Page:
Advayavada Buddhism

ON COURSE WITH NATURE.

Social Influences on Neuroplasticity (Davidson and McEwen)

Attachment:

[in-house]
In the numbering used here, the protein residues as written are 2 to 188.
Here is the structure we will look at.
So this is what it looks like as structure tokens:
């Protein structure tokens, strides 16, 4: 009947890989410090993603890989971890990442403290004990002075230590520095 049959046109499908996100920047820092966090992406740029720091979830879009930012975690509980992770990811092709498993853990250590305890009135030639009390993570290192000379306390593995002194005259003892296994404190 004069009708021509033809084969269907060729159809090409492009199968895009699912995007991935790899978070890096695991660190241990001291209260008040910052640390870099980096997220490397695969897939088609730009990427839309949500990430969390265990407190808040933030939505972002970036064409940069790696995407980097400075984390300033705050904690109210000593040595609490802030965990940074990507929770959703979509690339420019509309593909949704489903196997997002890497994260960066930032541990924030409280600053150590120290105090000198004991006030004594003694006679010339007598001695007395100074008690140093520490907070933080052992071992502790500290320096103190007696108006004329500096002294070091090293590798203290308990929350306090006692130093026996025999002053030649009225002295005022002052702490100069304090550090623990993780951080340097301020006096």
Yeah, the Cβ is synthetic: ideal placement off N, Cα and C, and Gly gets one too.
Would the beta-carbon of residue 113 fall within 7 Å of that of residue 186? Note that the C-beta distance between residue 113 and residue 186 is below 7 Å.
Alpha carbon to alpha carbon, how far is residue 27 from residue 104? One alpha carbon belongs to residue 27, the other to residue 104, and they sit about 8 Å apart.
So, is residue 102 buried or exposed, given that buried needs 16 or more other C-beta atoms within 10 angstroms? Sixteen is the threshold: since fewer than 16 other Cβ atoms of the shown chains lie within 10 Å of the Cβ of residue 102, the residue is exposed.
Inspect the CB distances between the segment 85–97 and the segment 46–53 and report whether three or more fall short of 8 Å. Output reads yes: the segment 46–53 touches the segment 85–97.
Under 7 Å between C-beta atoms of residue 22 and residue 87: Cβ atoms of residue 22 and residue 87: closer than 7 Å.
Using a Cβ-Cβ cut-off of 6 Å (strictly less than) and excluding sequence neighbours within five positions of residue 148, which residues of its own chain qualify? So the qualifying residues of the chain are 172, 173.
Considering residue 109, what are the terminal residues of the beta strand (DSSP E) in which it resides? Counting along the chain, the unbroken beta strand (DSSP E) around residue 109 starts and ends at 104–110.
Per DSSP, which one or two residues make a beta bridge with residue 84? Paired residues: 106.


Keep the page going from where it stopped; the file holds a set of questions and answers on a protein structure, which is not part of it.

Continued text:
Experiential factors shape the neural circuits underlying social and emotional behavior from the prenatal period to the end of life. These factors include both incidental influences such as early adversity as well as intentional influences that can be produced in humans through specific interventions designed to promote prosocial behavior and well-being. Key extant evidence in animal models and humans is reviewed. While the precise mechanisms of plasticity are still not fully understood, moderate to severe stress appears to increase growth of several sectors of the amygdala while effects in the hippocampus and prefrontal cortex tend to be opposite. Structural and functional changes in the brain have been observed with cognitive therapy and certain forms of meditation and lead to the suggestion that well-being and other prosocial characteristics might be enhanced through training. (Richard J. Davidson and Bruce S. McEwen, in Social influences on neuroplasticity: Stress and interventions to promote well-being, http://www.ncbi.nlm.nih.gov/pmc/articles/PMC3491815/)

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